Spirit Day, founded by GLAAD ambassador and then-high school student Brittany McMillan, first started in 2010 following a spike in media attention around LGBT youth suicides that were connected to bullying. My youngest brother, Tyler Clementi, was one of those teenagers. As we take a stand against bullying today, I can’t help but be reminded of the losses that have made Spirit Day so necessary.
Tyler was smart, funny and talented, with a big heart and a determined spirit, but internally he was struggling with depression and suicidal tendencies. He ultimately took his own life at just 18 years old. It has been surreal to piece together these two very different people: the Tyler I knew and loved and the one I never knew at all.
I have struggled to process how anyone could want to hurt Tyler. He was hard not to love. He never had problems with bullies in high school, so when I learned that he had been violated and abused by his college peers, I was in total shock. Tyler was the good kid that never got in trouble. And when he finally was in trouble, he didn’t know what to do.
In September 2010, my brother was starting his freshman year at Rutgers University. He had come out to me (actually, we came out to each other) earlier in the summer. I was very supportive and encouraged him to reach out to me no matter what the situation. Tyler came out to our parents only two days before leaving for college. They were shocked, but they advised him to be careful and guarded in his new environment. A new living situation with strangers can be risky, and lesbian, gay, bisexual and transgender young people are at a higher risk of being targeted than their straight peers.
My brother had been closeted in high school and he was excited to finally be out, to be himself for the first time. He was expecting to find a world that embraced him, but instead he soon realized that the start of his college experience had become a nightmare scenario that was far worse than he could have anticipated.
Tyler asked his roommate for and was granted permission to have privacy in their shared dorm room so that he could be alone with a date. What he didn’t know was that when Tyler’s roommate left, he went across the hall to another student’s dorm room and turned on her computer and remotely accessed his webcam, which he had left deliberately pointed at Tyler’s bed. The roommate invited a group of students to have a “viewing party” in the room and sent tweets to students at Rutgers as well as high school friends, detailing exactly what was going on. Tyler’s privacy was violated in a vulnerable moment.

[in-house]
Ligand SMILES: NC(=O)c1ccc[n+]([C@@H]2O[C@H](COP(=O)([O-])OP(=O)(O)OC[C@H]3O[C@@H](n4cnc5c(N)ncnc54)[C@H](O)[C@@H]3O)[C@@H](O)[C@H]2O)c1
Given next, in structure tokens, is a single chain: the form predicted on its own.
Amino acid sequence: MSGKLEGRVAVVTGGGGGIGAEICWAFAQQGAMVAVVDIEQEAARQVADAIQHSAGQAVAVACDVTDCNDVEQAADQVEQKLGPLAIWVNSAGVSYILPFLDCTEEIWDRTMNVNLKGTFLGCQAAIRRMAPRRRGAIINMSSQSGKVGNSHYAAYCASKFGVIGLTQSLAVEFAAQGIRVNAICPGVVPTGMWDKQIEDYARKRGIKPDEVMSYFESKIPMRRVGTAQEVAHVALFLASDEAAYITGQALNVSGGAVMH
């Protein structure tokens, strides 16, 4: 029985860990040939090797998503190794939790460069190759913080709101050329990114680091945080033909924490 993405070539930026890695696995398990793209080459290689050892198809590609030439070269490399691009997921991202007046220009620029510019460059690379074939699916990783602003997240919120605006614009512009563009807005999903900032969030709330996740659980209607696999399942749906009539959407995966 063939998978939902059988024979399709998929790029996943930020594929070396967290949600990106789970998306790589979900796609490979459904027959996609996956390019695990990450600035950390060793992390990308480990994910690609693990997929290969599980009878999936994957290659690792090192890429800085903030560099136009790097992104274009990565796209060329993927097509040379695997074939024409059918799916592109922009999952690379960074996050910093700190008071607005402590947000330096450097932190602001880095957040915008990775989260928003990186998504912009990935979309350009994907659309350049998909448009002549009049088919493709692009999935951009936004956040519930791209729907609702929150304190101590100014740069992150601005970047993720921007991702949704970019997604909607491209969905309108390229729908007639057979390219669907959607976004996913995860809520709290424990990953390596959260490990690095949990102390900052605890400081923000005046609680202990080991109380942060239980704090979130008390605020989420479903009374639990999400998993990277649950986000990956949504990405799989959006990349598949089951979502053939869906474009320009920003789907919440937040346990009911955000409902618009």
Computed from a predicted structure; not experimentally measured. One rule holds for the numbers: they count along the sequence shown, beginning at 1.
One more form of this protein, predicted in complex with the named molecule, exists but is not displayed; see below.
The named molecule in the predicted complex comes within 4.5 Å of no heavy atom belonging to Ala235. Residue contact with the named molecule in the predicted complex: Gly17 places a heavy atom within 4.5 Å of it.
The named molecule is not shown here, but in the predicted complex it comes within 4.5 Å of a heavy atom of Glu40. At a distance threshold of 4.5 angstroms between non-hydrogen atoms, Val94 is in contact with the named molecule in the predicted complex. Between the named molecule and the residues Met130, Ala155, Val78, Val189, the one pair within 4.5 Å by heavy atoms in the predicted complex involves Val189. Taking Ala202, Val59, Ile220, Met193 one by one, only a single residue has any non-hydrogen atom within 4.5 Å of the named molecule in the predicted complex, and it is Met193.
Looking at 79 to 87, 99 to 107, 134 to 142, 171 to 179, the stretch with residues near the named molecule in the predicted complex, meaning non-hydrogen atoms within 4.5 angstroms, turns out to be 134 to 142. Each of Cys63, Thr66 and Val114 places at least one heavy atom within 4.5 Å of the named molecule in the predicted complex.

My brother soon realized what had happened. He read his roommate’s Twitter account, which was filled with nasty, homophobic comments about Tyler and the encounter, which clearly was intended to be private. Tyler spiraled into crisis mode, and could not see any way out. I was there, and would have dropped everything to go to him and help him. But he didn’t reach out to me. The shame and stigma of what Tyler experienced pushed him toward a permanent choice that cannot be undone. That much cruelty and intolerance was too much for one gentle, shy young man to bear.
Today, you’re going to see a lot of purple: purple profile pictures on Facebook, purple shirts and a purple Empire State Building. Underneath all this purple is a message that every single person deserves respect and protection. I love seeing so many people making a visual statement against bullying. This is being an “Upstander.” All too often when bullying occurs, people witness it and do not act; they do not get involved. Out of the dozens of students that witnessed Tyler’s violation, not one stood up for him.
Participating in Spirit Day is an incredible way that we can be allies for those who are harassed, whether at school or work, online or off. But we have to commit to end bullying and make our schools, homes and workplaces safe and inclusive for everyone, every day, all year round. You can join me on this quest by signing The Tyler Clementi Foundation’s Upstander Pledge. Print it out and display it on your fridge or your locker. Every mind that we can open means one Spirit that is safer, today and every day.
Guided by the memory of his younger brother Tyler, James Clementi is one of the nation’s leading activists for anti-bullying, suicide prevention and LGBT rights. Along with his family, James works for the Tyler Clementi Foundation, which aims to end bullying both online and off.